It’s been more than four months since WPP, the largest advertising agency holding company in the world, received a formal public apology from someone who wronged it, and that’s saying something: Since November of 2009, WPP has turned its “Parent Company” category of press releases into a virtual stage for publicly shaming those who have crossed WPP and its CEO, Martin Sorrell.In fact, the three-and-a-half-year period has seen formal apologies to WPP make up more than 37 per cent of all postings in the Parent Company category.
The list includes:
- David Blyth — Founder of The Great Game and former managing director of Brand Union (South Africa).
- Jeremy Clark — Director at Cohn & Wolfe.
- Sarah Davies, Sian Davies & Crawford Hollingworth — Founders of The Behavioural Architects.
- Rebecca Galbraith — Director of brand communications Quintiles and former director at Cohn & Wolfe.
- David Golding — Founding partner Adam & Eve and former planning director RKCR.
- Anthony Heraghty — Group general manager at Pacific Brands and former managing director at Fosters Group, George Patterson Y&R and McCann Erickson Brisbane.
- Michelle Hutton — CEO Edelman (Australia) & former CEO Hill & Knowlton
- Crispin Jameson — CEO of Everystone and chief strategy officer of The Brand Union.
- Anna MacIntosh — PR Director Momentum Worldwide & former director of consumer practice at Hill & Knowlton.
- MarketShare EMEA Partners Limited
- James McGrath — Creative chairman at Clemenger BBDO.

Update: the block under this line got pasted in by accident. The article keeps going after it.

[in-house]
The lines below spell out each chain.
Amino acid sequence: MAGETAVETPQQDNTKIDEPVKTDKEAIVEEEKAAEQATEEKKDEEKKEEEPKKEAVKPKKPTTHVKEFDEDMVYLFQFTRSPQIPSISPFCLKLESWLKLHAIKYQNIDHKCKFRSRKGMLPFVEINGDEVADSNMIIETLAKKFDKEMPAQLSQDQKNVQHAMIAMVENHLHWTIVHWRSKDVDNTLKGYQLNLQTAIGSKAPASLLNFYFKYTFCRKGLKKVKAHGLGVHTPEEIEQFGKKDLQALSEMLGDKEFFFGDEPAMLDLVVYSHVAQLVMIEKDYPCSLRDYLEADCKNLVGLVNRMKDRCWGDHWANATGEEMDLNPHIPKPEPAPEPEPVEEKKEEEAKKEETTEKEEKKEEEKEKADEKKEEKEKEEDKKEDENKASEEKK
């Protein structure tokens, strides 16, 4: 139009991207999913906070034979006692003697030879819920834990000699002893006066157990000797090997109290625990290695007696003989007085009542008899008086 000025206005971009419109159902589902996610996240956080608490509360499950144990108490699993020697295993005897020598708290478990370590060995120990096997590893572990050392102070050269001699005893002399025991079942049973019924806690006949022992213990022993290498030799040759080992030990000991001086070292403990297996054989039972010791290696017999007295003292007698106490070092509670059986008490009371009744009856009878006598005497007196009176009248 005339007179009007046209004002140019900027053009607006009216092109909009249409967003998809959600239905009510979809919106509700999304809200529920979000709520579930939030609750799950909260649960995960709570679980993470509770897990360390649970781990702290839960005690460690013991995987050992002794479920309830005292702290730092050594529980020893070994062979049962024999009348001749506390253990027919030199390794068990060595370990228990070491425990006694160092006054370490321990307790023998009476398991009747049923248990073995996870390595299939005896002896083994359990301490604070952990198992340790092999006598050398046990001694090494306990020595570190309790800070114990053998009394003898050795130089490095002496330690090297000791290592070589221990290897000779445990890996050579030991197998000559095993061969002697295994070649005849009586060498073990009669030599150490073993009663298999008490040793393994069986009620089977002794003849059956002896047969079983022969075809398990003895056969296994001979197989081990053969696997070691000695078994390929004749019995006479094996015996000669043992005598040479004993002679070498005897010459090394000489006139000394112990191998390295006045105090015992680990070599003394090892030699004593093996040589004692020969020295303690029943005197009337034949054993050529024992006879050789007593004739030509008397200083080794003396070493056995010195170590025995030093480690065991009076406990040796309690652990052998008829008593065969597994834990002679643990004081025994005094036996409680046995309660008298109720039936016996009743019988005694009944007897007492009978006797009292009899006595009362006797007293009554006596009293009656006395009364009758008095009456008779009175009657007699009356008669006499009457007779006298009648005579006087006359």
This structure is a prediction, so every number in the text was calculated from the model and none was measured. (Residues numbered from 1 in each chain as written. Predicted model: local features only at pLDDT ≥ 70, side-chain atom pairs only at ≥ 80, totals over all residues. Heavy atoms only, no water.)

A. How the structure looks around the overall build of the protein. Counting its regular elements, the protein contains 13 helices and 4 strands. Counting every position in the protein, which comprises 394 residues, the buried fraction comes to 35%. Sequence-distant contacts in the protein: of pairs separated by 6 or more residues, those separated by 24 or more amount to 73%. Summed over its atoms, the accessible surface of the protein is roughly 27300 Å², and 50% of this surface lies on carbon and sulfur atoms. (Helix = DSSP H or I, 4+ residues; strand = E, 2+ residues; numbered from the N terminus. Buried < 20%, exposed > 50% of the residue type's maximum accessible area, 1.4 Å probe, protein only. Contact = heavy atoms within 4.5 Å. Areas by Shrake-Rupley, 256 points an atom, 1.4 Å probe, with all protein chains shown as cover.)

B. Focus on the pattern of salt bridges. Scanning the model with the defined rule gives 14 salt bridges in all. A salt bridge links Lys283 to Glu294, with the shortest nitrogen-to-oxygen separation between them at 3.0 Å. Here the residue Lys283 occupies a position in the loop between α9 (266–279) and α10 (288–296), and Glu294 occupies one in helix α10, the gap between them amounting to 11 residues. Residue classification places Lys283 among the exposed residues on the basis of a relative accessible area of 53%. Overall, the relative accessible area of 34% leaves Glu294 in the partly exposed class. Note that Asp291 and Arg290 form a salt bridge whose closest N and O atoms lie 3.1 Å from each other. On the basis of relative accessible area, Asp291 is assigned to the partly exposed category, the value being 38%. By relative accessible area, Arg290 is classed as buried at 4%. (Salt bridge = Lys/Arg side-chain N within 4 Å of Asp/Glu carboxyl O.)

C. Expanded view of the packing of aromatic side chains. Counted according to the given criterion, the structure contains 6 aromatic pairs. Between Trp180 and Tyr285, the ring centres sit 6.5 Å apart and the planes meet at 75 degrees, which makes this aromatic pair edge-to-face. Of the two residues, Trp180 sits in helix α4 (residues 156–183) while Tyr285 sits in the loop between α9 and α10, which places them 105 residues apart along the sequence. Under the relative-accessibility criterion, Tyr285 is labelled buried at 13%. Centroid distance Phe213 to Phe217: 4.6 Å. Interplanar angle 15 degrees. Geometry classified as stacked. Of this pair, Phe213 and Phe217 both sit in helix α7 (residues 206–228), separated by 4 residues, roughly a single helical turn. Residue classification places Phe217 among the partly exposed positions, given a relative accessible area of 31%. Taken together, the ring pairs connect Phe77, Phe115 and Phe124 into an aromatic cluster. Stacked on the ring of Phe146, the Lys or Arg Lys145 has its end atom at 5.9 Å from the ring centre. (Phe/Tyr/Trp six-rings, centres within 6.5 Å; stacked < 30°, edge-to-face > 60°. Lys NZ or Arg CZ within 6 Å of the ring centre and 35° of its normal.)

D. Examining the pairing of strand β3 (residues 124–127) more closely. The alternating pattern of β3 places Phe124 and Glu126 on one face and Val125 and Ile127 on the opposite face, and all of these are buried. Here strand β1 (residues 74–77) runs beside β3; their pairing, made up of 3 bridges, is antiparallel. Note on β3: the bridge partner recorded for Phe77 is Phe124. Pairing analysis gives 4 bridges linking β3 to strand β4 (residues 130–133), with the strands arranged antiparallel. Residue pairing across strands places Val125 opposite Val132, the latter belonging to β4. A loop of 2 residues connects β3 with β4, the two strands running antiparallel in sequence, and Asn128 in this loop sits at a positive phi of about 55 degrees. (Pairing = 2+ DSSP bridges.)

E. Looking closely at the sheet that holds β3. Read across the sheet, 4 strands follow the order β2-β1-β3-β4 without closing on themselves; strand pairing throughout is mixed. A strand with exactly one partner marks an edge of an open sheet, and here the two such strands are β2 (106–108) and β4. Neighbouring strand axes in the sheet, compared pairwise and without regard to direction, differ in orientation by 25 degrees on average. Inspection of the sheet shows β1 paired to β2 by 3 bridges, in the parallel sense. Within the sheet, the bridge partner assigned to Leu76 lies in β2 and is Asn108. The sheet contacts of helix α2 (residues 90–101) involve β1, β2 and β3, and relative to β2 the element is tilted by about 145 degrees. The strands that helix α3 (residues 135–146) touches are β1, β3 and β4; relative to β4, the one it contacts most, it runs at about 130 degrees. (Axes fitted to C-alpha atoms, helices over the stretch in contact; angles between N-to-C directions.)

- Fiona McMillan — Director global pipeline communications at GSK, former head of UK brand & corporate communications at Bristol-Myers Squibb and director of healthcare team at Cohn & Wolfe.
- James Murphy — Managing partner Adam & Eve and former CEO RKCR/Y&R.
- The Oystercatchers LLP
- Richard Pinder — COO Publicis Worldwide.
- Ben Priest — Creative founding partner Adam & Eve and former creative director at RKCR.
- Laurence Shorter — Founder The Great Game.
- Steve Simpson — Former CEO of GroupM Business Sciences.
- Patrick Sutton — Founder The Great Game.
Almost every single one of these apologies has the same storyline: a former employee of WPP or its subsidiary leaves a WPP agency and Sorrell accuses and/or sues the former employee for poaching WPP clients.
This practice is nothing unique to WPP, although Sorrell’s willingness to go after former employees is legendary and something no other agency comes close to doing.
There is one exception to the pattern: Richard Pinder.
Pinder, the COO of rival Publicis, gave an interview in 2010 in which he criticised Sorrell. Pinder then issued an apology, which included a published editorial in The Economic Times and departed Publicis less than a year later.
So Martin—who’s next?
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